Commuter Kid and I looked at our first 3 houses today. One was a definite "no." One was "this is lovely and I could live here without too much complaint" and the third is, well, it. (Note: the house I first contacted the realtor about has sold, and not to us.) The third one is imperfect. It's old, needs paint and carpet, wants a good scraping and a fair bit of sweat equity, but it feels like our house. After we were finished looking and I had sent pictures back to Michigan, I was talking to Commuter Dad, who said this: "We bought our first two houses for logical reasons and that didn't work out so well. Maybe this time we should follow our hearts." Maybe so.

There are a pair of intertwined stories about this house that I want to tell, but prudence holds me back. You know--that feeling of not want to "jinx" something. But it feels good, and I'm optimistic. And well, even if it's not this house, it will be a house. And what I know is that whichever house it is, will be exactly the house for us.

Sunday, April 10, 2011

Willie, Waylon and Me

My friend Joe recently wrote a post about music. (You can find it here: Borne out of a facebook conversation we had, it reminded me of something I thought I'd lost and I've been wanting to type a word or two about it since then.

It is an established fact that I moved around a bit while growing up. There were good things about it (I got to see the Grand Canyon while moving from Alabama to Arizona) and some ever so slightly less good things about it (we only stayed at the Grand Canyon for 15 minutes).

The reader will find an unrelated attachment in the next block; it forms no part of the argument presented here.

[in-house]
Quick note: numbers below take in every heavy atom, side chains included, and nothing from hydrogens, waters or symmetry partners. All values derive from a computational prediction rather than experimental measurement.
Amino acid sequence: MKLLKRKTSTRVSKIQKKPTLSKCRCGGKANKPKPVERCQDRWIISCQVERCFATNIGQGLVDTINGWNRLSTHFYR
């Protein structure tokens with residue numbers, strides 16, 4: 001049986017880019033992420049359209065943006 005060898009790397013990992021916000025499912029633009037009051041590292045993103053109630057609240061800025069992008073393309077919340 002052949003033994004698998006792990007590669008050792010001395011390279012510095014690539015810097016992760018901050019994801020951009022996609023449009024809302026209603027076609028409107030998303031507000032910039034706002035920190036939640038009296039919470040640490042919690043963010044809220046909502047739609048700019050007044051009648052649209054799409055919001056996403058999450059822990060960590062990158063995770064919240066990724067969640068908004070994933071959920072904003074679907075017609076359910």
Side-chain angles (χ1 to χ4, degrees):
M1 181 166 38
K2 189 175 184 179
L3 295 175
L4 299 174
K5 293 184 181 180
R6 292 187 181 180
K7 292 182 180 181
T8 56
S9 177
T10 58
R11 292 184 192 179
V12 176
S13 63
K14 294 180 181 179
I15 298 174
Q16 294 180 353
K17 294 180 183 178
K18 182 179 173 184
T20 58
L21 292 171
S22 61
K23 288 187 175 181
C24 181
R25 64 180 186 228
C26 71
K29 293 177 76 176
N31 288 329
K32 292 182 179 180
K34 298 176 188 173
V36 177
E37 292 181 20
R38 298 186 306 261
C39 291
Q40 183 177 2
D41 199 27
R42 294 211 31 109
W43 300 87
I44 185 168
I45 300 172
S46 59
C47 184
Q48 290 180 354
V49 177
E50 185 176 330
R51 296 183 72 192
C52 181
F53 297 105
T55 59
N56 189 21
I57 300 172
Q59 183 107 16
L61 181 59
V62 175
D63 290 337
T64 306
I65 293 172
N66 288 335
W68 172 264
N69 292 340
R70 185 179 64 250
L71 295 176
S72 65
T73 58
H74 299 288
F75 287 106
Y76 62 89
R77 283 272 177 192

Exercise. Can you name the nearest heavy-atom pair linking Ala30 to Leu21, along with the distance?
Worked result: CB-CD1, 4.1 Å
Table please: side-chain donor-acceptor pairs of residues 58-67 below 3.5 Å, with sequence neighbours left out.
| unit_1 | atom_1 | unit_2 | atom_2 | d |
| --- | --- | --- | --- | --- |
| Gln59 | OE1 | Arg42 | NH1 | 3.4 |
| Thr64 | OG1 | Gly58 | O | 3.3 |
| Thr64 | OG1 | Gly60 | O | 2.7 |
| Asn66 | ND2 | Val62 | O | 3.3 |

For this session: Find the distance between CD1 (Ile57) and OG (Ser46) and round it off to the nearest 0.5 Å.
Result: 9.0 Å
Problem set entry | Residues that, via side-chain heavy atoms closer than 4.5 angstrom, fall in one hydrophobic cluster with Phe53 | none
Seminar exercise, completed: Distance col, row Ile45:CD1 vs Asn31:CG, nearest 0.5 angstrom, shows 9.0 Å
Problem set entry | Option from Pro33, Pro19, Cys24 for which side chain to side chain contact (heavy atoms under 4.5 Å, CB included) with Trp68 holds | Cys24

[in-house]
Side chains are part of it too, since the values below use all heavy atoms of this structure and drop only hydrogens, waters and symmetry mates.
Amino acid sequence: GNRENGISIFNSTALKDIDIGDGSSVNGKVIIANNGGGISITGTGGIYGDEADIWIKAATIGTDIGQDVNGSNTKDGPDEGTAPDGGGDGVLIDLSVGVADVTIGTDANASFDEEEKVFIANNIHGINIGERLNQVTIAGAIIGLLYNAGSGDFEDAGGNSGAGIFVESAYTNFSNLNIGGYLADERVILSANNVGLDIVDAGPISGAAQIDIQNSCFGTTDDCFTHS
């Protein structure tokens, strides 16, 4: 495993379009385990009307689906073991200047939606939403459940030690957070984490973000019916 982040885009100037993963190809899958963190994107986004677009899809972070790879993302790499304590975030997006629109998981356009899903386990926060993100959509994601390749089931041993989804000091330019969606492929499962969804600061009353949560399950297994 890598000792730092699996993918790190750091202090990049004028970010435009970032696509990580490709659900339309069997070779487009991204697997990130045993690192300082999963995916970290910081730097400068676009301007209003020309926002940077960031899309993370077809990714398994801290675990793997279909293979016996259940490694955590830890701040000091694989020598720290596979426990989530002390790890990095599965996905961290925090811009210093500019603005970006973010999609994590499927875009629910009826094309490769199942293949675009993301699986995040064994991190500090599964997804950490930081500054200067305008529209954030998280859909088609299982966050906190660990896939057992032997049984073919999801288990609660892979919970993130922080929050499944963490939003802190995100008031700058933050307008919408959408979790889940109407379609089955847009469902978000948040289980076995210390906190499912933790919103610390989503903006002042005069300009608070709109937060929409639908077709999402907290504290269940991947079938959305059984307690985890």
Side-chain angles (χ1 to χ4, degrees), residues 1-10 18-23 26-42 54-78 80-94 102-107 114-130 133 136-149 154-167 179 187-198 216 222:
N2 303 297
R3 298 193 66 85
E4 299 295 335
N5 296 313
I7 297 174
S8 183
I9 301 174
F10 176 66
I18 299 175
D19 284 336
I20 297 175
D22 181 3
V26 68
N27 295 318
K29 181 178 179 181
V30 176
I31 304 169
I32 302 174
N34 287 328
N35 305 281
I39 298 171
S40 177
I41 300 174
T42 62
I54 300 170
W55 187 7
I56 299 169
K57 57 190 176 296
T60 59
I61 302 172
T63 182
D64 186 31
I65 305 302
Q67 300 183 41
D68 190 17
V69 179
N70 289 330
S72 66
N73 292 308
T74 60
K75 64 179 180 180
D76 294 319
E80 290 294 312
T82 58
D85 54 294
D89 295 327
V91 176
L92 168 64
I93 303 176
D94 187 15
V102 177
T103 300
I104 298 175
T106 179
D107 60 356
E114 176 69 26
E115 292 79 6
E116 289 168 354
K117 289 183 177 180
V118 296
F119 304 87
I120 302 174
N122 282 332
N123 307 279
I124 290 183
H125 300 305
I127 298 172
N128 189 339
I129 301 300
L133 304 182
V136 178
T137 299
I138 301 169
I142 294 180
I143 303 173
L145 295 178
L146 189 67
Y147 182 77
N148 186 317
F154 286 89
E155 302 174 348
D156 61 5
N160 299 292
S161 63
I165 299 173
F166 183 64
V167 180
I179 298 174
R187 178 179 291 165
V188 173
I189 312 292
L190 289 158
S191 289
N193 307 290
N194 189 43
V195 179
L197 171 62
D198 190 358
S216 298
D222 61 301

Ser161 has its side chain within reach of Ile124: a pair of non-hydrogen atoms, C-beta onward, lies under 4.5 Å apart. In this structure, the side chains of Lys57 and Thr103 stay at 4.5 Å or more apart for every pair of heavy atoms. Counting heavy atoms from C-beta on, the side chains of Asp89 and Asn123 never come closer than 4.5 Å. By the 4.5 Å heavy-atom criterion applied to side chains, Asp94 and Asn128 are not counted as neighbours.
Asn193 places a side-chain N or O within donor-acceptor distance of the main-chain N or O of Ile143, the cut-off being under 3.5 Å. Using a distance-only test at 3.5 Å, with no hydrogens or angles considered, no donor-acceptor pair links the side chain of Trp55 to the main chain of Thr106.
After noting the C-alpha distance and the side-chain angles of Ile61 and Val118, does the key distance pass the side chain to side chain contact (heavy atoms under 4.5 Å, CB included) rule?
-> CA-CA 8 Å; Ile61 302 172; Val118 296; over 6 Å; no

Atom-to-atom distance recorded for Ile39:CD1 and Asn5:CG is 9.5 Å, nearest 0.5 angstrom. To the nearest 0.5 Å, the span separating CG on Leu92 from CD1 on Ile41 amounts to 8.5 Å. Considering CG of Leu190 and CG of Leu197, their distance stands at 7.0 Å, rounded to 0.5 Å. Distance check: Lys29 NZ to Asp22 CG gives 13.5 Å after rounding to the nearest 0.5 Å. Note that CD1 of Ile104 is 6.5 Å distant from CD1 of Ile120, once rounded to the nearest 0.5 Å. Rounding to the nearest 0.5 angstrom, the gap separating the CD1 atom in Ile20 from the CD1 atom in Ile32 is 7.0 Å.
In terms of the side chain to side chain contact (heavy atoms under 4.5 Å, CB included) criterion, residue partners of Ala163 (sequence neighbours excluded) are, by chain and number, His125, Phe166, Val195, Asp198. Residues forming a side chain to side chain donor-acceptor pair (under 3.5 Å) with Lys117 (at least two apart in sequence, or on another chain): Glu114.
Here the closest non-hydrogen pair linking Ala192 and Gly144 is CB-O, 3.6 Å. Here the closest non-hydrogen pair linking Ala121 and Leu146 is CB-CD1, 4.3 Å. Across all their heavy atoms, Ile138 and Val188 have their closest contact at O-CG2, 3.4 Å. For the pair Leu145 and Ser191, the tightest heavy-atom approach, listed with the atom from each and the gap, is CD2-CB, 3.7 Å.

Note: When you move around, you learn not to become too attached to things and sadly, this can apply to people as well. Attachment, as one might imagine, leads to heartache. I sort of inadvertently learned that from my mother, who was gifted at traveling light.

Or so I always thought.

Eventually we found our way to the middle-of-nowhere Missouri at a time, and in a town so small, that we didn't have cable for our television. Besides which we lived too deep in the hollows of the Ozarks to pick up anything so we didn't bother with owning a TV. What we did have was a stereo, complete with a turntable and an 8-track player.

I had forgotten about the box of 8-track tapes.

The only radio broadcast we picked up on a consistent basis was from an AM channel that shut down at 6 pm, finishing their broadcast day with a prayer and the national anthem. During the day the DJs, all high school students, would play an unrelenting mix of country and gospel music. This was usually broken up by the recipe of the day, or a reading of the death notices. On a good day, we'd get both.

At night, however, all we had were our albums and 8 tracks.

So I grew up listening to Jerry Jeff Walker, Merle Haggard, Hank and Don (the Williams Boys) and, whenever I could manage to sneak it onto the turntable, Heart's "Dreamboat Annie" album (borrowed from a friend during our time in Arizona). Yes, I know, it explains so much. I could never understand, as I grew old enough to start talking about music with my friends, why they didn't know the words to "Mama Tried." True story.

I had forgotten my musical upbringing until the "Night Rider's Lament" exchange. And, I had forgotten the cardboard box of 8 track tapes that went with us everywhere we moved. They were so much a part of my childhood landscape, that I can't remember them ever being moved from one place to to another, only that they were always there.

After my mother died and I was sorting through what she'd left behind I found, in the bottom of one of her drawers, three things: Her divorce decree from my father, their wedding picture, and an 8 track tape of Freddy Fender's "Wasted Days and Wasted Nights."

It would seem that along with her ability to travel light, I also inherited my mother's flair for the dramatic.

(With thanks to David Allan Coe for the title of this post.)